A housing market study revealed that there are already affordable single-family homes in the Bellport area, and called for other types of housing units, like multifamily apartments for both millennials and 55-plus. 

Pending results of a community survey, the town would continue preparing the study, adopt it at an upcoming town board meeting, and submit all materials to the   NY Department of State, which Gov. Andrew Cuomo will ultimately review for BOA designation.

The discussion again returned to the lack of sewers in the area. Extending the sewer connection has been identified in numerous planning studies as the catalyst for area development.

Mazarakis explained that the Department of Health would permit two out-of-district connections before requiring a district be formed. “The town is holding off on creating a sewer district because it would be a taxing district,” Mazarakis said. “We would loathe laying another tax on people before we have any businesses to support that.”

At the meeting, she announced that the town had recently been awarded a $30,000 state DEC planning grant that would allow town officials to prepare an engineered plan, map and report for a sewer system connecting the Greater Bellport Hamlet Center to the county’s Harrison Avenue sewage treatment plant. 

“The economic revitalization of the Greater Bellport Hamlet Center relies greatly on a future connection to the sewage treatment plant,” said supervisor Ed Romaine in a press release. Romaine hopes that starting the project will spark a new sense of progress and enthusiasm for the future.

Councilman Michael Loguercio said that pursuing the sewer line has been a top priority since taking office in 2016. “[The absence of sewers] has been a deterrent to the development of new business and harmful to the environment,” Loguercio said in the release. “I expect that once the sewers are in, we’ll see a real turnaround in the local economy.”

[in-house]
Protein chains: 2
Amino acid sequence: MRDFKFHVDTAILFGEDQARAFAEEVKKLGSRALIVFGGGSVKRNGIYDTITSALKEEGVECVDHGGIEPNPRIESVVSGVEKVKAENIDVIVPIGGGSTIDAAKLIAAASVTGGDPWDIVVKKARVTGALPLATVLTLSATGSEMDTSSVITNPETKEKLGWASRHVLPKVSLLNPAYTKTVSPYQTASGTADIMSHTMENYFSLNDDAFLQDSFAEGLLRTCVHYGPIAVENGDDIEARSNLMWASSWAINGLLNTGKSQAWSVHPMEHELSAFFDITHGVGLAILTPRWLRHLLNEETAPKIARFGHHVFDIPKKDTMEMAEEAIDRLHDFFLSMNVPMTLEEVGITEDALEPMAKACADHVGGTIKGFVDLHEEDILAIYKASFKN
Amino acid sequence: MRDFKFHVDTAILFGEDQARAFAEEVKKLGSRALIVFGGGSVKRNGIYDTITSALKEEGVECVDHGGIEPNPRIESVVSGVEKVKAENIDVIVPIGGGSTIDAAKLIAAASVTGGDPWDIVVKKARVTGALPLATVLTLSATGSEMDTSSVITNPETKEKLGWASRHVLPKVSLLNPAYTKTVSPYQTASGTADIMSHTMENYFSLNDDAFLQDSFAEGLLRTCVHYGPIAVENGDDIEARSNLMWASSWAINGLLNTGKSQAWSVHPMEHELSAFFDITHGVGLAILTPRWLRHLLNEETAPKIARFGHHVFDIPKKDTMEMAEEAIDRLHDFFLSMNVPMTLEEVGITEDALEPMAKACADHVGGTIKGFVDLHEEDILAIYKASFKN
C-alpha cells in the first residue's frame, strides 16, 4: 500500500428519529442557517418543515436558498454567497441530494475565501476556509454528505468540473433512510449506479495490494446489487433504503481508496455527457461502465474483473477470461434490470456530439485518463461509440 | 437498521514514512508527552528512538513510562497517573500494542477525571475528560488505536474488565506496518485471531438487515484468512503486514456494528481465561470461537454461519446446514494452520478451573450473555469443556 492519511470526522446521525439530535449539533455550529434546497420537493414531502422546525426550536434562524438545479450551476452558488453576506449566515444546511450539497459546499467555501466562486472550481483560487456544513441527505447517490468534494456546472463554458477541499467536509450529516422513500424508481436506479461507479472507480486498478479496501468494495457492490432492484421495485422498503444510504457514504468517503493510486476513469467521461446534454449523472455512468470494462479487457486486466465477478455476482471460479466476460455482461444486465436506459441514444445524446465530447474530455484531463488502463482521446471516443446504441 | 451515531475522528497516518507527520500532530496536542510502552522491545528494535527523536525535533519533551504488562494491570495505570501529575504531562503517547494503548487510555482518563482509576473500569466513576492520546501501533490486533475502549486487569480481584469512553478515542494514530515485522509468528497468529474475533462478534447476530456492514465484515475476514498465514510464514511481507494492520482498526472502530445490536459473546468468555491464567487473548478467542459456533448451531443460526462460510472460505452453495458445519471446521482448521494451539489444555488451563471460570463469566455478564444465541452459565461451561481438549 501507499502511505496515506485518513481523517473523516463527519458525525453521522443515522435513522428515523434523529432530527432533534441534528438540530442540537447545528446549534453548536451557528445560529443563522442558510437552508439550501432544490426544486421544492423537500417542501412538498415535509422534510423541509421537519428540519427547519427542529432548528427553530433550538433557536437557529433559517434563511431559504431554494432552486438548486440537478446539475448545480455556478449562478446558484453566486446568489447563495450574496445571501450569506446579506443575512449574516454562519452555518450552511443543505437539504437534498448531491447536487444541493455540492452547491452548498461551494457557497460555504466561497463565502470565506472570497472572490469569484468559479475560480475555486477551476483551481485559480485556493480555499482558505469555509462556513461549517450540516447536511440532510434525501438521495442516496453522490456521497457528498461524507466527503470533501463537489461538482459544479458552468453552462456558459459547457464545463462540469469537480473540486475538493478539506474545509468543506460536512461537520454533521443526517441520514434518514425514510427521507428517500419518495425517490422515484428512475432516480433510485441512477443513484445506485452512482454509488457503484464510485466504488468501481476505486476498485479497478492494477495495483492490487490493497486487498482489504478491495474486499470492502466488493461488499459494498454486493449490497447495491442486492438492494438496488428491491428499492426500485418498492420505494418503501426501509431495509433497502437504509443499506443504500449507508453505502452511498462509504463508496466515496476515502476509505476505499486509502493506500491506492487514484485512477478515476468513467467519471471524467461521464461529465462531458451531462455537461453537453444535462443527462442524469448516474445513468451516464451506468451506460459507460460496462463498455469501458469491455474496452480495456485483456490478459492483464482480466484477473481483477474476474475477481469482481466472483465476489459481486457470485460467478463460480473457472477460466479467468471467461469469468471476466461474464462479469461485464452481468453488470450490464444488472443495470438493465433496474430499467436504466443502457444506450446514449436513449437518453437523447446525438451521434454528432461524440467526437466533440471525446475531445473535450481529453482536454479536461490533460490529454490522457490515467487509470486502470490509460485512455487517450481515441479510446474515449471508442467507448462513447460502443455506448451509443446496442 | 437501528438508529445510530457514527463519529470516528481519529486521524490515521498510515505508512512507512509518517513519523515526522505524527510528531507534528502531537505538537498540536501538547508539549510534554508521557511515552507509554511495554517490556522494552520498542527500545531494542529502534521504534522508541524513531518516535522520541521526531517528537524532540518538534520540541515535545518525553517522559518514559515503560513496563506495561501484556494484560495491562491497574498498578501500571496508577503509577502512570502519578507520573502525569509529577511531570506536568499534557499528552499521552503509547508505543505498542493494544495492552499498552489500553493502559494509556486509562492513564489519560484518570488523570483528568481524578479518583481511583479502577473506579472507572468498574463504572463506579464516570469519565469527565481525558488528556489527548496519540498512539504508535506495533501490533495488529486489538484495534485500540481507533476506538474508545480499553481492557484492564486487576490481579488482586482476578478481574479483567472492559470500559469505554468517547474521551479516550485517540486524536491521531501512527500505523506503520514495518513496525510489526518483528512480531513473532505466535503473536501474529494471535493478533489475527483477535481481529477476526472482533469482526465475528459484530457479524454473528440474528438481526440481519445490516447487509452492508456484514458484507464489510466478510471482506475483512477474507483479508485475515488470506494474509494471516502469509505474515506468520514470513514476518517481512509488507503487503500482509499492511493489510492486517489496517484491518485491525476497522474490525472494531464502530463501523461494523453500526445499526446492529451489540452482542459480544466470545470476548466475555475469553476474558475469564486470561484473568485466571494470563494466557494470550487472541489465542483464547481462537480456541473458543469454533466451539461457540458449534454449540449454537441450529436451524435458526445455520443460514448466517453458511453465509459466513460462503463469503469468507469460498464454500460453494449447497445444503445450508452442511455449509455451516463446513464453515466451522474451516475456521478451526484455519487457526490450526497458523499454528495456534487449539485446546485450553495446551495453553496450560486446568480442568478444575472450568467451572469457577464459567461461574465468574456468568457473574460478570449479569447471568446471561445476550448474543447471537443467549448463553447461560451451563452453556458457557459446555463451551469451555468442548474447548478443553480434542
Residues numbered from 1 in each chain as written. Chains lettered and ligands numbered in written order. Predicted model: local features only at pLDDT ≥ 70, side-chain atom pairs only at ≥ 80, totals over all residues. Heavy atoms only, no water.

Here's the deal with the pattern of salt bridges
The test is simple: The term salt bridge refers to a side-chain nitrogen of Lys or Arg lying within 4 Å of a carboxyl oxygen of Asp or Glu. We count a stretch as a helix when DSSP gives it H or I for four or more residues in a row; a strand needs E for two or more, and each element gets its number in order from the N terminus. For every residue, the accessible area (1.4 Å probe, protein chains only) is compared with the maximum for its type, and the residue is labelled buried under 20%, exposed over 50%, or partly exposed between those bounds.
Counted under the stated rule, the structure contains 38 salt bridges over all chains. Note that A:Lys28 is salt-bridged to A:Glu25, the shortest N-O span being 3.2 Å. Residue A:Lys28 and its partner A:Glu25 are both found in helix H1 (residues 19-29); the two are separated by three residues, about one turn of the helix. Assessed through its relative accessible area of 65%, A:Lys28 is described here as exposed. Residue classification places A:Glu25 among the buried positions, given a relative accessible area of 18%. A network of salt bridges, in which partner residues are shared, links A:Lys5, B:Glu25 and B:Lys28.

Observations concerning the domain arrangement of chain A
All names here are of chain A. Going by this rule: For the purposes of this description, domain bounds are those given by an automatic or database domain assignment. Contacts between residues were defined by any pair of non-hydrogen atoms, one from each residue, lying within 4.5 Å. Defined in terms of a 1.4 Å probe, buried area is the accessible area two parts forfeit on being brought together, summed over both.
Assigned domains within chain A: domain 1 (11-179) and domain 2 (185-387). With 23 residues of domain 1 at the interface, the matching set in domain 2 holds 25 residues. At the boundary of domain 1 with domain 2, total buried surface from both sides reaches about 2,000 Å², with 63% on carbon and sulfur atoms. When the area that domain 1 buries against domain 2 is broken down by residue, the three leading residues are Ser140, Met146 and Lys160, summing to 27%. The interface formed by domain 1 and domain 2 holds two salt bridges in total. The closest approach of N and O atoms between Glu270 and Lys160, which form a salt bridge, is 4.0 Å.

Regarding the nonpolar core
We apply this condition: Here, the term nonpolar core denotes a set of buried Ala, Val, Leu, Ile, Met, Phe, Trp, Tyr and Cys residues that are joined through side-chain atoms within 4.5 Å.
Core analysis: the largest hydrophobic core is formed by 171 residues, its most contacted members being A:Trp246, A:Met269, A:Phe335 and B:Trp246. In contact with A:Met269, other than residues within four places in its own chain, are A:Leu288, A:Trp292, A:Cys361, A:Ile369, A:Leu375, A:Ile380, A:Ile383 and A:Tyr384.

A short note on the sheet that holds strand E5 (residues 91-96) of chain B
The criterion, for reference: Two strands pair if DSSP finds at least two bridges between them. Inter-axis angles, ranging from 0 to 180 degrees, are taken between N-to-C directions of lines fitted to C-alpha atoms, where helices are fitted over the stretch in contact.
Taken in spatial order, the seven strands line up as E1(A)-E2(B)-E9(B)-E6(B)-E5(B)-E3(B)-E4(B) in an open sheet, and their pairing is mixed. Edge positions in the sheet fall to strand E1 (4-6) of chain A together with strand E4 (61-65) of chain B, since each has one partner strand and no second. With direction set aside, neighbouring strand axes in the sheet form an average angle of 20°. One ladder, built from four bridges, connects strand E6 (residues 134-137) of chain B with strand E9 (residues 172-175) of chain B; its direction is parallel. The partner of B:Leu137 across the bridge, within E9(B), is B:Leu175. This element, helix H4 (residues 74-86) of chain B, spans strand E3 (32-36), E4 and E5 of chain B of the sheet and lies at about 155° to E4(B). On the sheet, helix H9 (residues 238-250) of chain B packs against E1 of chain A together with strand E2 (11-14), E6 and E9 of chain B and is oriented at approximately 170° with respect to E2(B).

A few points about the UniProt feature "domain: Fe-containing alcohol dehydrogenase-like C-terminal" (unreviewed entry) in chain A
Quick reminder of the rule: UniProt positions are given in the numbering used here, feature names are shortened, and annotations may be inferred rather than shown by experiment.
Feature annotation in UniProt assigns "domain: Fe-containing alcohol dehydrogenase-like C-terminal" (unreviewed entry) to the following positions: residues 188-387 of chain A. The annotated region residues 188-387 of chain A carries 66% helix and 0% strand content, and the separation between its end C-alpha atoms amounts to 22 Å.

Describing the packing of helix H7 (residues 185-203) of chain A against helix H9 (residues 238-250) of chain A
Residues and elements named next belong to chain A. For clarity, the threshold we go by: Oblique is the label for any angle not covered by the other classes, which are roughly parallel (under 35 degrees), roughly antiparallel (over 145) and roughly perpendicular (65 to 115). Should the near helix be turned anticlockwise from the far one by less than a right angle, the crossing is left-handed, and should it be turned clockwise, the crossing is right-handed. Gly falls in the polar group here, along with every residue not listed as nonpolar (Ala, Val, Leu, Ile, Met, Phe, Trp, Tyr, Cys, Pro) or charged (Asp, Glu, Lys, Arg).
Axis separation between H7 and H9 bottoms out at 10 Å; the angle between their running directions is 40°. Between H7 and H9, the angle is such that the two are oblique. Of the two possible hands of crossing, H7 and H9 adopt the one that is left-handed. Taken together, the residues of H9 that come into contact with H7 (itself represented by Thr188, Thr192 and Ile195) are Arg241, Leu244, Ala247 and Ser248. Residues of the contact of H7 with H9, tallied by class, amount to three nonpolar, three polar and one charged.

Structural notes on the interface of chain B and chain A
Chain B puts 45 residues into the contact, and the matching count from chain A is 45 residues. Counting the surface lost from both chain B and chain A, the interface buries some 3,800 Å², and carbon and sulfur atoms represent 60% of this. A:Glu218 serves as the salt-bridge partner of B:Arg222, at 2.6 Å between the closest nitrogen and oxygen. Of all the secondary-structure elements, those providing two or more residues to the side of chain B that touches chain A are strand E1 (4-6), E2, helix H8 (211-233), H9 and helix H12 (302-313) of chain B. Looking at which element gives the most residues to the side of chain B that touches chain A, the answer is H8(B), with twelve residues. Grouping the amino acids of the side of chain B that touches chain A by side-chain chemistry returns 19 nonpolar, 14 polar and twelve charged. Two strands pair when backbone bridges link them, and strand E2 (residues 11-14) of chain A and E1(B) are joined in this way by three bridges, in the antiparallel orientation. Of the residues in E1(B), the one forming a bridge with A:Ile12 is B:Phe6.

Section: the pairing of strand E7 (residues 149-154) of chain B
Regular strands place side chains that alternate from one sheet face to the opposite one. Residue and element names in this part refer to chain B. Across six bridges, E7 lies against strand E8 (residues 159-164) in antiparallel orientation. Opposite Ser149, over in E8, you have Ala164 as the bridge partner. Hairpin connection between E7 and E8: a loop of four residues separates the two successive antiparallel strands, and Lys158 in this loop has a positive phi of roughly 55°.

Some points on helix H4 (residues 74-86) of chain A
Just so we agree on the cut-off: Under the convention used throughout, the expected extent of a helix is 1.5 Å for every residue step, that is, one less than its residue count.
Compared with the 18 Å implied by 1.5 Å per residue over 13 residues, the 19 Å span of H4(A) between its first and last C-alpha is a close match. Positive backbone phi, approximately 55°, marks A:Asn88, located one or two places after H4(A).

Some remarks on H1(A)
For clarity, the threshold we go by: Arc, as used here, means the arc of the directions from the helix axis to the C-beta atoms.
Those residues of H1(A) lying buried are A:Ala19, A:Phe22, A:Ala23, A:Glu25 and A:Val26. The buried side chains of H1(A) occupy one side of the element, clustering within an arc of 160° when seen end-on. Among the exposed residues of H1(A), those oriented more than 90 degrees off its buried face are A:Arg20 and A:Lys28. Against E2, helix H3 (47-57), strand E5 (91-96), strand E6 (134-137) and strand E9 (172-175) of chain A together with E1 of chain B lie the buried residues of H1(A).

The plan, map and report are required to be engineered before extending the sewer system can begin. The report will indicate the extension and connection of the sewer collection system, engineer the proposed collection system and indicate the terminus and course of the system and pumping stations. 

Town officials are hopeful that the plan will help the community be “shovel-ready” when funding for sewers becomes available. According to a town press release, the system could potentially handle 75,000 gallons per day of wastewater from the Greater Bellport Hamlet Center and 60,000 gallons per day from Bellport Village.

Newly elected Suffolk County Legis. Rudy Sunderman has indicated that he would continue where his predecessor, Kate Browning, left off with sewering in the Mastic and Bellport areas.

In the meantime, Mazarakis said, the town would continue working on implementing the 2014 land use plan and continued code enforcement efforts that have cleaned up neighborhood blight and noncompliant auto businesses along Montauk Highway.

Citing the traffic report, in which engineers recommended constructing a bike lane along Station Road north to Long Island Avenue and south through the village to the waterfront, Mazarakis urged all community members to take an online survey to get community feedback. 

“We’re really looking for some feedback on this bike lane,” Mazarakis said. “It’s a little bit of a heavy lift for the town, so we’d need to know that the community was behind it to work towards it.”

The 20-question survey covers a range of topics, both current issues and goals for the future of Greater Bellport. Eiseman, who will synthesize the results, said that community input is key to the success of the program. 

The survey will remain open until Feb. 28.